Traycer (traycer_) wrote in fandom_grammar,
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Answer: Attribution Verbs in Dialogue

alethiaxx asks: What is acceptable/unacceptable in terms of attribution verbs in dialogue? ("spoke", "spat", "laughed", "questioned")

With examples from Stargate SG-1:


Attribution verbs in dialogue (also known as dialogue tags) are used to convey how words are spoken by the characters in a story. Most authors go with the word, "said", but sometimes other words are used to "spice" it up a little. After all, "he said, she said" can be boring if used after every single utterance.

For example:

“I live here. I cannot leave, nor would I want to,” the image of Daniel said.

“Look,” Jack said. “Just tell me how to leave and you can go back to living with all those memories. I’m sure I left you with a lot to ponder over.”

“Memories are mirrors of our souls," Daniel said. "They show us who we are and help us to understand what we’ve become. Your memories can help you, or they can destroy you. It is up to you to decide how you want this to end.”

“I want this to end now. I want out," Jack said.

“You can never leave here," Daniel said. "There is no way out.”

“There’s a way out,” Jack said. “I just gotta find it.”

“The others thought the same way – except for the children, of course.” Daniel said. “The children were not the best subjects to study. I am glad that the elders banned the children from entering the temple.”

“The children didn’t have enough memories,” Jack said.

“That is correct,” Daniel said.

Now let's try this using the word "said" sparingly:

“I live here. I cannot leave, nor would I want to.”

“Look,” Jack said. “Just tell me how to leave and you can go back to living with all those memories. I’m sure I left you with a lot to ponder over.”

“Memories are mirrors of our souls. They show us who we are and help us to understand what we’ve become. Your memories can help you, or they can destroy you. It is up to you to decide how you want this to end.”

“I want this to end now. I want out.”

“You can never leave here. There is no way out.”

“There’s a way out. I just gotta find it.”

“The others thought the same way – except for the children, of course. They were not the best subjects to study. I am glad that the elders banned the children from entering the temple.”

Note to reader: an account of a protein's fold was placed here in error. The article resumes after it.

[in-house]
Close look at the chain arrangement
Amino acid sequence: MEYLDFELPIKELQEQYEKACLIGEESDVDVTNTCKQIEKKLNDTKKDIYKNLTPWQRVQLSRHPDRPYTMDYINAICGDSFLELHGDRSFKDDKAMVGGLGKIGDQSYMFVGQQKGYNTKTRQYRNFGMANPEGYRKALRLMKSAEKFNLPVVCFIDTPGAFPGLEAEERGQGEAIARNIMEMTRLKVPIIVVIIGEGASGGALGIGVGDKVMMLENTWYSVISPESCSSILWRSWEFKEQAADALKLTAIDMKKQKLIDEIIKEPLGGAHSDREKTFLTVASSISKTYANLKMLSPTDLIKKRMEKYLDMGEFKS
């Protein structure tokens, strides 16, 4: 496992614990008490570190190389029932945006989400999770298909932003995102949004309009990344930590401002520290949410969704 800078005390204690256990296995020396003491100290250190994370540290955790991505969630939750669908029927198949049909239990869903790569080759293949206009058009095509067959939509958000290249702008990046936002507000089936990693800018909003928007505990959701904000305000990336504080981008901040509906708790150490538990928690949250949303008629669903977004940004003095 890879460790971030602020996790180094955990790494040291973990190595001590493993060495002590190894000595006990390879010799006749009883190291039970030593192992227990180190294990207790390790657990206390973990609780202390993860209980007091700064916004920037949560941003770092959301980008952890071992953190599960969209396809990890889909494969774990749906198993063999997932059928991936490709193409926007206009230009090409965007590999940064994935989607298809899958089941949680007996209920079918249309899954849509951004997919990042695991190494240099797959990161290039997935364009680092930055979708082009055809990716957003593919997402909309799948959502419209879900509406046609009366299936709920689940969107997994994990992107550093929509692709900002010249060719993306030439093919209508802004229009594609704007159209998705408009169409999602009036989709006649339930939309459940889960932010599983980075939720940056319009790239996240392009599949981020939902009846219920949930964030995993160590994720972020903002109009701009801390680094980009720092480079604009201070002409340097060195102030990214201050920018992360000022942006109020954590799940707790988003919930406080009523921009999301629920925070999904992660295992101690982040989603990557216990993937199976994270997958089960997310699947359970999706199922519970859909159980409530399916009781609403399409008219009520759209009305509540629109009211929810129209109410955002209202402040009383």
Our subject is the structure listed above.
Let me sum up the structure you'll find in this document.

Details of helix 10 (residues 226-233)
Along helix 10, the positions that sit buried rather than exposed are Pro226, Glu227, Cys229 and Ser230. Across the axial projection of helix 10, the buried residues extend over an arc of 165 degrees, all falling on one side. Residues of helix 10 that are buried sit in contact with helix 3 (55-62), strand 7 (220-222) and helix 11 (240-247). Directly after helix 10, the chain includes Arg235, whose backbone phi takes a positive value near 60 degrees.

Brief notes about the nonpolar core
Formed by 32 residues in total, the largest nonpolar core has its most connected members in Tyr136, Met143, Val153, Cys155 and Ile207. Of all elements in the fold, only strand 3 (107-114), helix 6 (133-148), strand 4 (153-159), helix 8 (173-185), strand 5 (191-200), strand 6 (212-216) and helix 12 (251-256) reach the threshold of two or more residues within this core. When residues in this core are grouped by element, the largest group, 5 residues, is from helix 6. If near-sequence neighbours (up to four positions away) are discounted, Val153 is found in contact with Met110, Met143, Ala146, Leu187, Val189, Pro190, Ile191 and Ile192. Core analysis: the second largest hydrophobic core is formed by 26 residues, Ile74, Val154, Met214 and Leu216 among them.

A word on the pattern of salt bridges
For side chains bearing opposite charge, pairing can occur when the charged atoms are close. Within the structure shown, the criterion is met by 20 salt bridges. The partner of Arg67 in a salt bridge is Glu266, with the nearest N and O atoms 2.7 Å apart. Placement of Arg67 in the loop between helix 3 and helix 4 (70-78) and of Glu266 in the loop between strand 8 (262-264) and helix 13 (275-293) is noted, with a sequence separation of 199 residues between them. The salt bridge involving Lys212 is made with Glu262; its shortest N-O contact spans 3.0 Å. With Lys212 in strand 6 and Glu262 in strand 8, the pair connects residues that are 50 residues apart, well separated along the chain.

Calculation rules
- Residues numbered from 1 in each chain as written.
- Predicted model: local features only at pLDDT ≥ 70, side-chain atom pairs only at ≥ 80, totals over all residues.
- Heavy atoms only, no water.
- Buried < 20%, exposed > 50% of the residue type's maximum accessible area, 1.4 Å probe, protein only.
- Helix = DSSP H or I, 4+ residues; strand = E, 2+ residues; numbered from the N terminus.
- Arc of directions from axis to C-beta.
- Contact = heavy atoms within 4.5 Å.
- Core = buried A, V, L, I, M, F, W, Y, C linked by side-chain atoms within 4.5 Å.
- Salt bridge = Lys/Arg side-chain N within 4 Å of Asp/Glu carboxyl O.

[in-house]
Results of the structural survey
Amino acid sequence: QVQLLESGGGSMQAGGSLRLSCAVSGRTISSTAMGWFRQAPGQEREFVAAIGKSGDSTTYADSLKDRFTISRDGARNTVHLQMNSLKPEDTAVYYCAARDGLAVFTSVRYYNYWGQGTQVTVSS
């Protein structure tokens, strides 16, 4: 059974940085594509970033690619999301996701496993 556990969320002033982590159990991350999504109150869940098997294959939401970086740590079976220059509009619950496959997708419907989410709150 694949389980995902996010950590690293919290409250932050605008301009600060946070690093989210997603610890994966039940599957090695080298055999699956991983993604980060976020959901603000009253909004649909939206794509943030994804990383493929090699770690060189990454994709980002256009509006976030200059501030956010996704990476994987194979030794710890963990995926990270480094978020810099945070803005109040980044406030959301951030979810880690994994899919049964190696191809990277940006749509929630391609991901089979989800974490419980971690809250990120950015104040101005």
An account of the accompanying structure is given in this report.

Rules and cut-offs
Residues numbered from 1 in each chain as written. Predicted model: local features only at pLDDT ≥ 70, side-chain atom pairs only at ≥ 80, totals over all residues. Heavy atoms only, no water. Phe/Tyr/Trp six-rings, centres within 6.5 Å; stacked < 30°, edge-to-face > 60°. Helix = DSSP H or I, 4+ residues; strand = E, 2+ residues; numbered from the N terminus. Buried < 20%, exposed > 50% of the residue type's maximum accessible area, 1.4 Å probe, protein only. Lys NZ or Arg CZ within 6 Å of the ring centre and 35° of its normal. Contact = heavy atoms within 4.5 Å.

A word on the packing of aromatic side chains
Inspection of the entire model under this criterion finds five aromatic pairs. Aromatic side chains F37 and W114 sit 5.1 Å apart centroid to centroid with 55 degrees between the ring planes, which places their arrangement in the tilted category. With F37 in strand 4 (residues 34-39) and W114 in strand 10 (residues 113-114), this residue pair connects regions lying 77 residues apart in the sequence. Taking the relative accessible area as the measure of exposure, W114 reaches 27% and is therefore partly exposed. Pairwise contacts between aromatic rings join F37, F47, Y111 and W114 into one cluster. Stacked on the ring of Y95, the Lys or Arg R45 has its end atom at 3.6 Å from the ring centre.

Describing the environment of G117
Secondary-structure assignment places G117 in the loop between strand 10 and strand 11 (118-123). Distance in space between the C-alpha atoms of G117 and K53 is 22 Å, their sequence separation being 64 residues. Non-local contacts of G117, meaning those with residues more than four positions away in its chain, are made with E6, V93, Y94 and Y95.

“The children didn’t have enough memories,” Jack said sadly.

“That is correct.”

As you can see, overusing the word "said" in a story is repetitive. Leaving out the attributions works just as well during a conversation between two people. This goes along with the "show, don't tell" theory of writing because we don't need to be told who is speaking, it's pretty obvious with the separation of the dialogue.

It's better to not use any attribution at all than to be bombarded with the same word over and over again. You could even try finding creative ways to express the spoken word, but be careful. Digging through a thesaurus can cause more harm than good.

Now to get into the meat of alethiaxx's question. Adding in creative words like "spoke" (which should never be used), "spat" (or "spit"), "laughed" and "questioned" to convey dialogue doesn't always translate well. For one thing, a person can't "laugh" a sentence, nor can they "spit" a reply (at least not without an image of saliva accompanying the words). And why say something was questioned when "asked" would be a better choice and much easier to understand?

Other attribution verbs that should not be used in dialogue are smiled, grinned, leered, sneered, persisted, retorted, guessed, worried, beamed, remembered, considered, scowled, and frowned (among many others). These words have been used by authors as a dialogue tag, conveying a meaning that could have been expressed simply by using the word said, or better yet, a description of the action surrounding the dialogue.

Let's take the above example, and add in some of the other attributions that sometimes show up in stories:

“I live here. I cannot leave, nor would I want to,” the image of Daniel smirked.

“Look,” Jack sighed. “Just tell me how to leave and you can go back to living with all those memories. I’m sure I left you with a lot to ponder over.”